Watcher Angel Tarot Guidebook: Myth, Meaning, and Creation – Michelle Belanger and Jackie Williams
Emerald Tablet Press. 2011. 312pp. 9780983816911.
“And it came to pass, when men began to multiply on the face of the earth, and daughters were born unto them, That the sons of God saw the daughters of men that they were fair; and they took them wives of all which they chose.” Genesis 6:1-2
Such a little innocuous line, often overlooked and forgotten, yet containing the seeds of a beautifully deep myth expounded upon in the Book of Enoch. Watcher Angels, the sons of God(s), fell to the Earth and took up human mates, and taught the secrets of heaven. That is the theme of this deck. I’ve talked about this deck before but it is time for a proper review.
In the introduction Michelle says “I didn’t want simply to design another Tarot built on the bones of the Rider-Waite-Smith. I wanted to revision the Tarot entirely, allowing the symbols to speak through me and to find expression in some vital and personal myth.” (12) And that is what you find with this deck. It isn’t a Rider-Waite-Smith clone with angel wings drawn on it, it isn’t a clone with some of the images and settings shifted around, it is a fairly different beast altogether.
The deck was designed from the ground up. Looking at the overarching traits of the Major Arcana a parallel from the Enochic myth was chosen, for the most part one of the Watcher Angels themselves represents the Majors, each assigned according to what they did, and what they taught. For instance you have Kasdeya who taught “all the wicked smitings of spirits and demons, and the smitings of the embryo in the womb” as Death, and Shemyaza the leader of the Angels in the Fall as The Fool.
The Minor Arcana form an entire story of their own; from Ace to Ten, Pentacles, to Cups, to Wands, to Swords, they lay out the entire tale. Pentacles are just after the Fall, the struggle to learn and build a world. In Cups they have established themselves and enjoy the world. With Wands they show their children the mysteries of heaven and magick. Finally with Swords their children turn upon each other. Since each suit contains its own story arch it is a remarkably easy deck to learn, though initially I was wary of the differences, because even if you have a moment of uncertainty when you place the card in the story it becomes clear what it represents. The meanings, the keywords of the cards are standard, but they way they play out in the Enochic myth is quite different.My only complaint with this system is it falls into an earlier interpretation of the Tarot, since the Swords are about the war among the children, the majority of the Swords are negative and challenging cards. Something many decks do but I dislike.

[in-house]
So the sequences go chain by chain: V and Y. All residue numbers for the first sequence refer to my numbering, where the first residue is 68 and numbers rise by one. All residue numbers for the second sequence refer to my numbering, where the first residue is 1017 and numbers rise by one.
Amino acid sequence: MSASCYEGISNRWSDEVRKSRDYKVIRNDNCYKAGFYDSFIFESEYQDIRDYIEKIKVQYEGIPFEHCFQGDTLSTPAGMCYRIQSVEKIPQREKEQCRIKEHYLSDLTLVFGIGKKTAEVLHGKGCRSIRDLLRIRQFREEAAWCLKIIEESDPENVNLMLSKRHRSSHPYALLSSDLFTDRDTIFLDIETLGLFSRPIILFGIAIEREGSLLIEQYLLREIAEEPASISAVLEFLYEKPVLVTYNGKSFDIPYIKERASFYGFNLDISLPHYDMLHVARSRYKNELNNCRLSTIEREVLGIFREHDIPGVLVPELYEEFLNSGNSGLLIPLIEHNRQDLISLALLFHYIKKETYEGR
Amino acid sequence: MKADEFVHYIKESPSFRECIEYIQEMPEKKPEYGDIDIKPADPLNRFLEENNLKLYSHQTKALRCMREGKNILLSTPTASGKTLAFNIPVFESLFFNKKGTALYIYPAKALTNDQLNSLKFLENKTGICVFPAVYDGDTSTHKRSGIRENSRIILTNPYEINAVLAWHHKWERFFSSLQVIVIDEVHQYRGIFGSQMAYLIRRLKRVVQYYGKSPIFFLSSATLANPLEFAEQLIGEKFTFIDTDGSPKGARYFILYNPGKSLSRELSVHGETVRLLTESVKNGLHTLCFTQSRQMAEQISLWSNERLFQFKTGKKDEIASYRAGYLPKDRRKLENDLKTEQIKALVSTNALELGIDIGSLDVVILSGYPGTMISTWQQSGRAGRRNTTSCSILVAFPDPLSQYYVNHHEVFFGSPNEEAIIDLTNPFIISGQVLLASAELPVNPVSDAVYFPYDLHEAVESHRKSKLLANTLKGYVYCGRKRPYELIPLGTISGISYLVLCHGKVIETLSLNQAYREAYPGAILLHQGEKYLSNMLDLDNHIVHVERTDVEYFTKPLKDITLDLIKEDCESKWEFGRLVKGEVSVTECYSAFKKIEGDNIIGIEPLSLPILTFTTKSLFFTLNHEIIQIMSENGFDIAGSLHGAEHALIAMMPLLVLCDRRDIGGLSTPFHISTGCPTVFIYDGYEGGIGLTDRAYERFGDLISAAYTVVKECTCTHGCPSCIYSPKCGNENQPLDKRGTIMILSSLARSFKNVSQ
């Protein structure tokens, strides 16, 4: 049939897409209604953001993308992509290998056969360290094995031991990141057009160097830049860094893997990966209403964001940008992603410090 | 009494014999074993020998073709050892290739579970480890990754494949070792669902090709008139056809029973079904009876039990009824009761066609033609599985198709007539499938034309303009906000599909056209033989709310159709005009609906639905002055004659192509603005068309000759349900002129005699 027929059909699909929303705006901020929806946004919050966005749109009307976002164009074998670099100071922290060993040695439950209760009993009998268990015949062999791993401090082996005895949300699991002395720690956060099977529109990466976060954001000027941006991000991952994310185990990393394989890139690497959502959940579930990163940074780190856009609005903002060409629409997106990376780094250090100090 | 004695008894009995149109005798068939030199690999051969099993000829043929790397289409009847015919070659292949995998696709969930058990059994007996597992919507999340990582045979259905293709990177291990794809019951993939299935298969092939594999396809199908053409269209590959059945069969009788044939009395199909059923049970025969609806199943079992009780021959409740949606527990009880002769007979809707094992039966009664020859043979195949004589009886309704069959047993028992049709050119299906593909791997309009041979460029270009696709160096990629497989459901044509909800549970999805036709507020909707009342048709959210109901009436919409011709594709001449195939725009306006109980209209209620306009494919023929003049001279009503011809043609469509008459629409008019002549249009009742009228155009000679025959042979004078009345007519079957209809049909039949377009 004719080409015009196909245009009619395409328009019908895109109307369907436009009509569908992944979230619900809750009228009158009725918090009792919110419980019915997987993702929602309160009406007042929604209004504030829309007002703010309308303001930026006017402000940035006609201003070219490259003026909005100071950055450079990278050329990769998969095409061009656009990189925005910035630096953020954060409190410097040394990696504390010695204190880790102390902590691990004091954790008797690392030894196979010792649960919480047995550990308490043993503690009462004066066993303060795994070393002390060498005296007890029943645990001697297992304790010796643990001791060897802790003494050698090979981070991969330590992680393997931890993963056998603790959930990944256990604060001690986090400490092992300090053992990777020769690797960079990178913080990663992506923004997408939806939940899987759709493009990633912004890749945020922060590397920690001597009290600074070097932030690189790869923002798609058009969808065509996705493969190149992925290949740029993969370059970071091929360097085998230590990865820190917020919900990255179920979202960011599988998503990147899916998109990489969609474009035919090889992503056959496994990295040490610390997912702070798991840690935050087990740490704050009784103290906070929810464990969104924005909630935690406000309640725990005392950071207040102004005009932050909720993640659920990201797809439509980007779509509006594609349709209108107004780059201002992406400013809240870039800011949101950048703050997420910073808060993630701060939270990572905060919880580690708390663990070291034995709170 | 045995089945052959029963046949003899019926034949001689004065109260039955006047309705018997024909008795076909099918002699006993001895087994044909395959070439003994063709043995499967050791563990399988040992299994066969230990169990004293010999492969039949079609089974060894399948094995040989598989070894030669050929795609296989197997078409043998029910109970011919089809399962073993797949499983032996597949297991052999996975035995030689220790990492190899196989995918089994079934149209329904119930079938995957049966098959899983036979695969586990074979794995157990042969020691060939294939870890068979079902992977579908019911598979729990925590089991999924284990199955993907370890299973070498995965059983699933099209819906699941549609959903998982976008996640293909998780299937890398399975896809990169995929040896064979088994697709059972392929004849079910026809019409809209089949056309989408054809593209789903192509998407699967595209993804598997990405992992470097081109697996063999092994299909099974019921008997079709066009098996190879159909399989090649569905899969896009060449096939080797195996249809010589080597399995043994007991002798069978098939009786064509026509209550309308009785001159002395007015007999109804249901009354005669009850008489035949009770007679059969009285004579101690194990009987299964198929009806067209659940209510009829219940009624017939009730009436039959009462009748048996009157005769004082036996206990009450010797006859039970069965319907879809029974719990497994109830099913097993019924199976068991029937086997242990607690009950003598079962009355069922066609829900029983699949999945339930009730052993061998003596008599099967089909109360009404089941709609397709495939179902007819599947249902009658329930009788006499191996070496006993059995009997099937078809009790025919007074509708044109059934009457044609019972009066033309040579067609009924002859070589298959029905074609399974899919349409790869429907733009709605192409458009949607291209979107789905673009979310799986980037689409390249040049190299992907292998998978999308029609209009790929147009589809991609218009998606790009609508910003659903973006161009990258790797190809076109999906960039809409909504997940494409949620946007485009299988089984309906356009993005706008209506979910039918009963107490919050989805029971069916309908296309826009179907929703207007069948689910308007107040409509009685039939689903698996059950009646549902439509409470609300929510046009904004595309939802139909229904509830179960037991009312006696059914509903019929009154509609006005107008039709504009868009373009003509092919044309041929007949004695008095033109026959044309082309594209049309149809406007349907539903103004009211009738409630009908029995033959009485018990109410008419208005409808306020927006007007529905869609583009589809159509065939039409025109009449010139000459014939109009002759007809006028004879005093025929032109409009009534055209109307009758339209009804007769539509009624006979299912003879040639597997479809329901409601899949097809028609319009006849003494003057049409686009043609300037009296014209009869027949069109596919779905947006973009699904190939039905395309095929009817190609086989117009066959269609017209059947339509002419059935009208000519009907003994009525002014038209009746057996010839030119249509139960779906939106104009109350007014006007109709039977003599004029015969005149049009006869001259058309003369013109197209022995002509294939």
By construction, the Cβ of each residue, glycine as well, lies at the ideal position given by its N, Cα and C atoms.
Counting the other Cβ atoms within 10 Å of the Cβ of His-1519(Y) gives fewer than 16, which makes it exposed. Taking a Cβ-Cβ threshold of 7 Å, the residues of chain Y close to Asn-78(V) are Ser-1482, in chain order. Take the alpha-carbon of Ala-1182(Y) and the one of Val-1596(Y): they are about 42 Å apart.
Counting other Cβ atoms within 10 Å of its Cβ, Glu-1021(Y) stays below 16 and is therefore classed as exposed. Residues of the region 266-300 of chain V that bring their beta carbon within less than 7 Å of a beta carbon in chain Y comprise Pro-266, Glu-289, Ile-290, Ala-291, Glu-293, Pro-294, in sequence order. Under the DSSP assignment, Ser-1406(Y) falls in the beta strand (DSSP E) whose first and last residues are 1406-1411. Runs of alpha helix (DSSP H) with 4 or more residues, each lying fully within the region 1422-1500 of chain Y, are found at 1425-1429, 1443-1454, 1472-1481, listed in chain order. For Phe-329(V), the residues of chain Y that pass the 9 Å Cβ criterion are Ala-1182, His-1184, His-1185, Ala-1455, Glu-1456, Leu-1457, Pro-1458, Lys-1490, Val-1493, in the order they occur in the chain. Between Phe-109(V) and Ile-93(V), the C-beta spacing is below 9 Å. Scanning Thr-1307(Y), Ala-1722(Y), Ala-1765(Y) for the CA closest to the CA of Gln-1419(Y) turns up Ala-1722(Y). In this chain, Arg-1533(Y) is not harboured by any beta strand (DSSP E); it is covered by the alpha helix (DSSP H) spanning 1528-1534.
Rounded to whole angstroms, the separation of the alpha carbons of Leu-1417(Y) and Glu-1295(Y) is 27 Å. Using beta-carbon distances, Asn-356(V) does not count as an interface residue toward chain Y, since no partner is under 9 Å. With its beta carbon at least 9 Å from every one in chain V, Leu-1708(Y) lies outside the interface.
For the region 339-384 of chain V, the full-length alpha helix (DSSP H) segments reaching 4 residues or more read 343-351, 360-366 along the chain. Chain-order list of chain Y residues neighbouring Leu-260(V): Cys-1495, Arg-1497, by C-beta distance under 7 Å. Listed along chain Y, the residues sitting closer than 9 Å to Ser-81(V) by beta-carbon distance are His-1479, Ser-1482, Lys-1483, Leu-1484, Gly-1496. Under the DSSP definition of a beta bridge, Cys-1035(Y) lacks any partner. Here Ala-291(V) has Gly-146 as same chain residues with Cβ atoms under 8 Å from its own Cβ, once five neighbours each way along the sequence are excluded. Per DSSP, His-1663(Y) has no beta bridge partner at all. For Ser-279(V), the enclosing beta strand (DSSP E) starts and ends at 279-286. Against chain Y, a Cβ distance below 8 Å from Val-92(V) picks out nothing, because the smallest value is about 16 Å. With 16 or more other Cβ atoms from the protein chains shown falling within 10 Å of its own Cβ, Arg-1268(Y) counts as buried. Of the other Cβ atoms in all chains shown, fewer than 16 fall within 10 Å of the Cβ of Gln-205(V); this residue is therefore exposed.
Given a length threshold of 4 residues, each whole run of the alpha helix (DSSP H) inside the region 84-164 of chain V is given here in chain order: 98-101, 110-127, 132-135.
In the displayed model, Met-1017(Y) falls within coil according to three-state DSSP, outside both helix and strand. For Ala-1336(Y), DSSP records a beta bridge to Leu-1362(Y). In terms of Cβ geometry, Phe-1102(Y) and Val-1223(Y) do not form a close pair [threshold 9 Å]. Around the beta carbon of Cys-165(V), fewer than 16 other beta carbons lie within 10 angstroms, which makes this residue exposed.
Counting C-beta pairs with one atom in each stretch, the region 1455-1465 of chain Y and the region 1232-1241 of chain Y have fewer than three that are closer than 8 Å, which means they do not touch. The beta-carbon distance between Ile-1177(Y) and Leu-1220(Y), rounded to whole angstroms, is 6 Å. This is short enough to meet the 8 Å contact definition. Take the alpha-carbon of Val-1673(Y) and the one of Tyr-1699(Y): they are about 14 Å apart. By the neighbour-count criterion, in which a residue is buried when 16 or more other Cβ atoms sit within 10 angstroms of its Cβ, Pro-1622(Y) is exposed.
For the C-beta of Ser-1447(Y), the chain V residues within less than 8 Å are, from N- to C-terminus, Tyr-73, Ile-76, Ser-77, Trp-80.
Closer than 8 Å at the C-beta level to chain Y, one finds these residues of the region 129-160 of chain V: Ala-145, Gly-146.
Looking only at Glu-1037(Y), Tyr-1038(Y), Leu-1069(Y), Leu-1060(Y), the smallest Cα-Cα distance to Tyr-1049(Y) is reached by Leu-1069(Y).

The artwork in this deck is phenomenal. The images are deep and complex, without being cluttered, in a lifelike and detailed painting style you’re not likely to see in a Tarot deck. Colours are rich and vibrant, and thematically carry between the suits. Jackie has a wonderful talent and her skill really brings the images to life. For me it is the settings, wings, and faces that really get me. The backgrounds are evocative, be they a shifting patch of colour or an elegant city vista. The wings just look better than most angel depictions –it’s a personal gripe of mine. Lastly the faces are very engaging, haunting, and real. The entire deck is viewable here on Jackie’s site and will show far better than I can describe.
The companion book was refreshingly honest. “I won’t lie and say that this deck was merely the product of detached academic research. There is a great deal of vision and inspiration, myth, dream, and magick woven into this work.” (19) Or as Jackie says it is “a deck designed by two psychics with input from the universe.” (29) All things considered it’s something I’ve found odd that so many deck creators shy away from discussing. In fact the companion book is remarkably complete, perhaps too much for some cases, but as it says you can skip the sections that don’t interest you. The book contains Jackie and Michelle’s stories for making the Tarot, the years of planning and research for Michelle, the years of painting and living the cards for Jackie. Michelle leads you into the research and struggles, Jackie even gives interesting advice on paper and paint types. Their stories are followed by the myth of the Watchers, how it relates to Campbell’s Monomyth as well as to the Book of Enoch and related texts. It moves into tarot history, where it came from, how it became part of the Western Mystery Tradition, beliefs about the tarot, and then finally the interpretations of the cards. If you’ve never dealt with the tarot before this book covers pretty much all the basics you’ll need, and if you’re familiar with the tarot and don’t care about personal stories you can skip to the back where you can learn about the cards and understand why Michelle and Jackie made the choices they did in illustrating the deck.
I will fully own up to a triple bias with this deck, Michelle and Jackie are friends, and personally I love the Enochic mythology. That being said, I don’t believe it is my bias speaking when I say this has quickly become one of my favourite decks; the beautiful art, the compelling myth, it just makes this a wonderful and unique deck.